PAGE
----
The Good Germans

Tom Segev
Tom Segev
Send in e-mailSend in e-mail
Send in e-mailSend in e-mail
Tom Segev
Tom Segev

Valkyrie: Hahitnagdut Hagermanit Lehitler (Valkyrie: German Resistance to Hitler ), by Danny Orbach Yedioth Ahronoth Books (Hebrew ), 382 pages, NIS 98

Two and a half months after the start of World War II, Adolf Hitler participated in a gathering of veteran supporters at a Munich beer hall. A bomb exploded there only minutes after he left, causing the deaths of several of those present. It is very possible that the bomb would have killed Hitler, too, had he lingered. The attack was carried out by a previously unknown carpenter named Georg Elser. He acted alone, a simple man who was not particularly interested in politics, but who from 1938 onward understood that Hitler was poised to drag Germany into war and ruin, and consequently decided to assassinate him. Elser was captured and executed in 1945.

Until Hitler committed suicide near the end of the war, there were several other failed attempts to kill him, including one on July 20, 1944, when an officer named Claus von Stauffenberg planted a bomb under a conference table at a field headquarters in East Prussia. Stauffenberg was acting as part of an organized conspiracy codenamed Valkyrie. There were also some students at the University of Munich, led by Hans Scholl and his sister Sophie, who belonged to a group calling itself the White Rose that distributed posters against the regime throughout Germany.

There were others. All of them failed. Most opponents of the regime were captured and executed. In the 1950s, many Germans still tended to condemn these attempts to bring down Hitler's regime, which were construed as "treason against the homeland." But by the 1970s, the Germans were inclined to take pride in these conspirators, describing them as part of the "resistance movement," which seemingly proved that many Germans were actually against Nazism.

Danny Orbach believes in the myth of German resistance. He rightly admires the courage of the few who dared to put their lives at risk for the sake of their country. Nonetheless, this young Israeli historian tends to assign them an exaggerated role in the history of the Third Reich. Yes, the Nazis used concentration camps and other means of suppressing resistance and intimidating would-be opponents of the regime, but the truth is that most Germans supported Hitler until the very end of the war. That is the major story. The "resistance movement" essentially deserves no more than a footnote. Nonetheless, the story is an attractive one, and Orbach tells it well. His book makes for worthwhile reading. "Valkyrie: German Resistance to Hitler" focuses on the personal stories of opponents of the regime and attempts to understand their motives, which is undeniably the most interesting question. The answer varies from instance to instance, only enhancing the story.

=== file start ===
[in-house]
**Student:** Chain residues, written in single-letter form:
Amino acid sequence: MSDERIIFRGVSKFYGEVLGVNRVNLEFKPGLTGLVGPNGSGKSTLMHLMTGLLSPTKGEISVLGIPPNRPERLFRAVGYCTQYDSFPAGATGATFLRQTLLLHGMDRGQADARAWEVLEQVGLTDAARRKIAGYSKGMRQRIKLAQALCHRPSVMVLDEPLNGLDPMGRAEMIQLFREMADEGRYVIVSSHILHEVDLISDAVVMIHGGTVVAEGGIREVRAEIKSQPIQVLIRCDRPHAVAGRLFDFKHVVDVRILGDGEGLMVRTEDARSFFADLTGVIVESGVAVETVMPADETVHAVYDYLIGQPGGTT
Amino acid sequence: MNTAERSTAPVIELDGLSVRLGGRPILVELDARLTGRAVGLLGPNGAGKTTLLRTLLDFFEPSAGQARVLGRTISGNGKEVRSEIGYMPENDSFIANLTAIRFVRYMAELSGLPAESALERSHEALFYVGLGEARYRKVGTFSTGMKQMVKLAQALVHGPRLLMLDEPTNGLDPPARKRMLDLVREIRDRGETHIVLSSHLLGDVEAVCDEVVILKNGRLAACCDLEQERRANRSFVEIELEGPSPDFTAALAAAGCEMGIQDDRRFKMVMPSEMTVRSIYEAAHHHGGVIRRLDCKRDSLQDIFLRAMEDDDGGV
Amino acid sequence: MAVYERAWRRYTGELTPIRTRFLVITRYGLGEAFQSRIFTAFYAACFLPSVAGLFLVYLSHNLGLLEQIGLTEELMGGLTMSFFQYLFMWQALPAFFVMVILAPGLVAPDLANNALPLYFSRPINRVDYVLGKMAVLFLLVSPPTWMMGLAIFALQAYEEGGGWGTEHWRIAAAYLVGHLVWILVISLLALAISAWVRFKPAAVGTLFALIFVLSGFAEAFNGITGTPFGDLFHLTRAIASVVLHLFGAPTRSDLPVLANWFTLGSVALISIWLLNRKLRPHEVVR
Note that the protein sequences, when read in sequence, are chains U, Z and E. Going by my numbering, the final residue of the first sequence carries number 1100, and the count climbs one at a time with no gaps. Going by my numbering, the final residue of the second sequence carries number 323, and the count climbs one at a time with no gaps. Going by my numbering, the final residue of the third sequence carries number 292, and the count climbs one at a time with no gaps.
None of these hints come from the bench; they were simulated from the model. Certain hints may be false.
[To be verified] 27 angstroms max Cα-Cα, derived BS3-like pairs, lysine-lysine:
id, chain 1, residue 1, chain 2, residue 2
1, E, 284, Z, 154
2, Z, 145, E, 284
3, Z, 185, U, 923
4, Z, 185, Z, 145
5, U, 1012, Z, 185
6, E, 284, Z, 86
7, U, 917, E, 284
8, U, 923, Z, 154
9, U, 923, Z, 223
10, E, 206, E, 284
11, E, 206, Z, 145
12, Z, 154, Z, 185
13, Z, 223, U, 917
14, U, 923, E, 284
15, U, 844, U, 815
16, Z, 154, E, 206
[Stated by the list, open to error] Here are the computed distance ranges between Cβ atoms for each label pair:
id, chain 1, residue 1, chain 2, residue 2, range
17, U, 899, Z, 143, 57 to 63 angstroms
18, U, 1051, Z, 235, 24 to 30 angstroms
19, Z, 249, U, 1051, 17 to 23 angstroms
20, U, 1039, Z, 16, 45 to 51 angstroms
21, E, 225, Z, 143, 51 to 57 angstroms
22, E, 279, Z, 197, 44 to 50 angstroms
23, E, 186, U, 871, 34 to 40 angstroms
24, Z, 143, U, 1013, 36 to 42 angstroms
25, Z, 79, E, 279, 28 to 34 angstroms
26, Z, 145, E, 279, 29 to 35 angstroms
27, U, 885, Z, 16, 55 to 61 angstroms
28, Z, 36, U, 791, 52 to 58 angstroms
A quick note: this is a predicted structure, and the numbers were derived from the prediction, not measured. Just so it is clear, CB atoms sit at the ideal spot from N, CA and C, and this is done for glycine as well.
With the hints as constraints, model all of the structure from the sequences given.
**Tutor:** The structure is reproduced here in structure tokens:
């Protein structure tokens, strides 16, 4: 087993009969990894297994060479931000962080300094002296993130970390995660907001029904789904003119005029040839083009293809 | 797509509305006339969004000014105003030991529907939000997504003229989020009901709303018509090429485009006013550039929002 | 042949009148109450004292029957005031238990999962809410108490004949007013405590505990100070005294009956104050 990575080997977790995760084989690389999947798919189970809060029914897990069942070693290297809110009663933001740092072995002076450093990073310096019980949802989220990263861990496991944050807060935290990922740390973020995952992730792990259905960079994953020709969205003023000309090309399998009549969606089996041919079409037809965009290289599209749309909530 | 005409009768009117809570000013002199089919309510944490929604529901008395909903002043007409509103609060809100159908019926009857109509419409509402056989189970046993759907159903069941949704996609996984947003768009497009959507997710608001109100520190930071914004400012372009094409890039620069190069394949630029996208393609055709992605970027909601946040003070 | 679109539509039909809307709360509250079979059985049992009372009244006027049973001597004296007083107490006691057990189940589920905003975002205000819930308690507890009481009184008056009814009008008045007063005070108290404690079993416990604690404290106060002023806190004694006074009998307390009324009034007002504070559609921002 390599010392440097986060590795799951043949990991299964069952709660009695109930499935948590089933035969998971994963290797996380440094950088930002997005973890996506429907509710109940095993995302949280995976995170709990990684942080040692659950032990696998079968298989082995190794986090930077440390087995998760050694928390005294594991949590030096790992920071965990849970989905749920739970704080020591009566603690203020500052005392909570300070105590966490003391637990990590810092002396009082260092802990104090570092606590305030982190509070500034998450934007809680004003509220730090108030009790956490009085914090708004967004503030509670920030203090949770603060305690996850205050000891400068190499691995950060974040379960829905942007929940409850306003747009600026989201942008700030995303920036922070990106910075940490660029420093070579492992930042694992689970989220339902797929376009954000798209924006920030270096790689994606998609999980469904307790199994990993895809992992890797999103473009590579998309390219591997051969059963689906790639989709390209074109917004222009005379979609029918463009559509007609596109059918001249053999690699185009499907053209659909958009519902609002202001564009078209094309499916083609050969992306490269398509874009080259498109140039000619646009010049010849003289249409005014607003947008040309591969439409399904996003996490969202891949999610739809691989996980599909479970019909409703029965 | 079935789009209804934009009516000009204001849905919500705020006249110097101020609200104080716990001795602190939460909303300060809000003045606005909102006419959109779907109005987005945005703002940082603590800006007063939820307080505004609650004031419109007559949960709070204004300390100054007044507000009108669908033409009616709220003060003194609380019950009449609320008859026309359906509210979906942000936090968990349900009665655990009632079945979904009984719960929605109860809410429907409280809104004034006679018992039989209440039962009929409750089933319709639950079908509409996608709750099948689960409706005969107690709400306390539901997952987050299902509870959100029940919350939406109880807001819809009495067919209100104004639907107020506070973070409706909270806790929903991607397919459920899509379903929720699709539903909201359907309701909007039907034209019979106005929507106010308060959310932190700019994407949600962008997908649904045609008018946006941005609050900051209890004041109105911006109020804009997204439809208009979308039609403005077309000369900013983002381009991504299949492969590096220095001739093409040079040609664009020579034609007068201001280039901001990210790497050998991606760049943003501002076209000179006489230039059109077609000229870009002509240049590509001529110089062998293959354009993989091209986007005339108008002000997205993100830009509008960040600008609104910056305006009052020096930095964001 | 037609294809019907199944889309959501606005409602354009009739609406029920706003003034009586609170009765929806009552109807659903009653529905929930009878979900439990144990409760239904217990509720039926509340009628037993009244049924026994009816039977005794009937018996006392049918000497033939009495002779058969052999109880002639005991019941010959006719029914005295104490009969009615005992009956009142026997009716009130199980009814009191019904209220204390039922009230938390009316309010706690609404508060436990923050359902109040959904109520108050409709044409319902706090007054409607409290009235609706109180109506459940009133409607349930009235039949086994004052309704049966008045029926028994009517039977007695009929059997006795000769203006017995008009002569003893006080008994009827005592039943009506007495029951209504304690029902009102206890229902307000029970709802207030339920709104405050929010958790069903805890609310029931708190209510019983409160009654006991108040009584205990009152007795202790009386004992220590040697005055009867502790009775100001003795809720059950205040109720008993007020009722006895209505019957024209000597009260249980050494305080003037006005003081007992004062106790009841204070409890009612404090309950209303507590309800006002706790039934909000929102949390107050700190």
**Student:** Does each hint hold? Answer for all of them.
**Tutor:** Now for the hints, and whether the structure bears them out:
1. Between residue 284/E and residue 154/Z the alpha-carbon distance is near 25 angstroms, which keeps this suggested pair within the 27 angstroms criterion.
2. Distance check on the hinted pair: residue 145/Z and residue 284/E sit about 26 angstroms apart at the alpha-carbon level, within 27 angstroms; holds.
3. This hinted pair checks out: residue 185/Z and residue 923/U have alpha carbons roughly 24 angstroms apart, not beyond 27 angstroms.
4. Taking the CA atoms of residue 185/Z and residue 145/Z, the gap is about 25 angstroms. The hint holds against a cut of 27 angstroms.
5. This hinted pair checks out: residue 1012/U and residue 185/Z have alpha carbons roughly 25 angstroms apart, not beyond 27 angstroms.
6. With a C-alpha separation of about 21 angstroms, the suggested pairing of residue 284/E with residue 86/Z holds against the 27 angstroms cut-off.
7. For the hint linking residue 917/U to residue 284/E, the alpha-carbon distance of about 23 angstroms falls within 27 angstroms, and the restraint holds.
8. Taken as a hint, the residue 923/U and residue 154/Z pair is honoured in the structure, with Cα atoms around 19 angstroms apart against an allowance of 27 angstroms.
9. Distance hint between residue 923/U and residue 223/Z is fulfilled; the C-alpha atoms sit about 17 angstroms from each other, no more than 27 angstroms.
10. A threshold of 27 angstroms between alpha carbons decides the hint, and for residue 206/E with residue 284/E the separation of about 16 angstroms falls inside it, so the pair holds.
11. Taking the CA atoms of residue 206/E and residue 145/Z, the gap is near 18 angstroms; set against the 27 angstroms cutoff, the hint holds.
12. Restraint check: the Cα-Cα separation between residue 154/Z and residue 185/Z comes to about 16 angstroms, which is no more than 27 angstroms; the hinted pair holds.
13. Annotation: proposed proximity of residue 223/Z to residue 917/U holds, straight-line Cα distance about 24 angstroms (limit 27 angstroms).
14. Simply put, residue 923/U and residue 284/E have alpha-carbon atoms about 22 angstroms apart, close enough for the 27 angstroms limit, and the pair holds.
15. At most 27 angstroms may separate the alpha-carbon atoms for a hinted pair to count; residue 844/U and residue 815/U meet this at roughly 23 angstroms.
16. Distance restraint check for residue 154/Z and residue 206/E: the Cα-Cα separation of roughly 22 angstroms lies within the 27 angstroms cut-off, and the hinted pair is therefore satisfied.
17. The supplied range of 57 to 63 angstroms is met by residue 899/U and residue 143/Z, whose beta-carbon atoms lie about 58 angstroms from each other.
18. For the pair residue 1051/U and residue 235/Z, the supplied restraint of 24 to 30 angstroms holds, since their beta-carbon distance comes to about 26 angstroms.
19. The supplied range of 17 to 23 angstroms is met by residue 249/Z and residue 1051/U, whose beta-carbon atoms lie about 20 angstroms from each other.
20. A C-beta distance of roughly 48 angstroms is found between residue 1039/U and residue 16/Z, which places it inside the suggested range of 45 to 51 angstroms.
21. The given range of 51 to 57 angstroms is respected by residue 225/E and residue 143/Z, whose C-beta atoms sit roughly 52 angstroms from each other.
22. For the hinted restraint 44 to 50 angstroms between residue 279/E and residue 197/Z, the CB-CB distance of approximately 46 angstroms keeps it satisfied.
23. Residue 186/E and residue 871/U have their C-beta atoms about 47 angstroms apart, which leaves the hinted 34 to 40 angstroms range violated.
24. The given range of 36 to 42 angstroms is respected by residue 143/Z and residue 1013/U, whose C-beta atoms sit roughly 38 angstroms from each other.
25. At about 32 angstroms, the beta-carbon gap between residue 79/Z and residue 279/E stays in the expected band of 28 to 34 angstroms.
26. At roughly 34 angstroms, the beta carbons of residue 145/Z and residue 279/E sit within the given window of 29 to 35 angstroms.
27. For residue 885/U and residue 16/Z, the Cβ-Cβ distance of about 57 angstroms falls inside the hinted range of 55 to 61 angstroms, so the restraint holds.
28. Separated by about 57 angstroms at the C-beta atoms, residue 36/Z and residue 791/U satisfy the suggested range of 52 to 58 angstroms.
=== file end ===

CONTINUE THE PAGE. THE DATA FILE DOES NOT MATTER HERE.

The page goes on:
One of Orbach's heroes is Carl Friedrich Goerdeler, a fascinating figure, partly because he was a German mayor who was also a Zionist who had met with Chaim Weizmann. Goerdeler quit as mayor of Leipzig in 1937, preferring to tender his resignation rather than follow a Nazi order to remove a statue of Jewish composer Felix Mendelssohn from one of the city squares. Goerdeler opposed persecution of Jews, although he did not believe that all Jews were worthy of the same rights as German citizens. He supported Zionism partly because he viewed it as a good way to be rid of the Jews, a phenomenon Theodor Herzl had foreseen many years earlier, when he predicted that the greatest supporters of Zionism would be the anti-Semites.

When did they act?

In this context, it would be interesting to know the extent to which Hitler's opponents acted in response to the war crimes of the Third Reich, including the annihilation of the Jews, as opposed to the extent to which they acted only when it became clear to them that Germany was about to lose the war. Orbach's stand is clear: Time and time again, he seeks to prove that opposition to the genocide of the Jews was a primary motive. He relies, among other things, on documents discovered in recent years in archives from the former Soviet Union.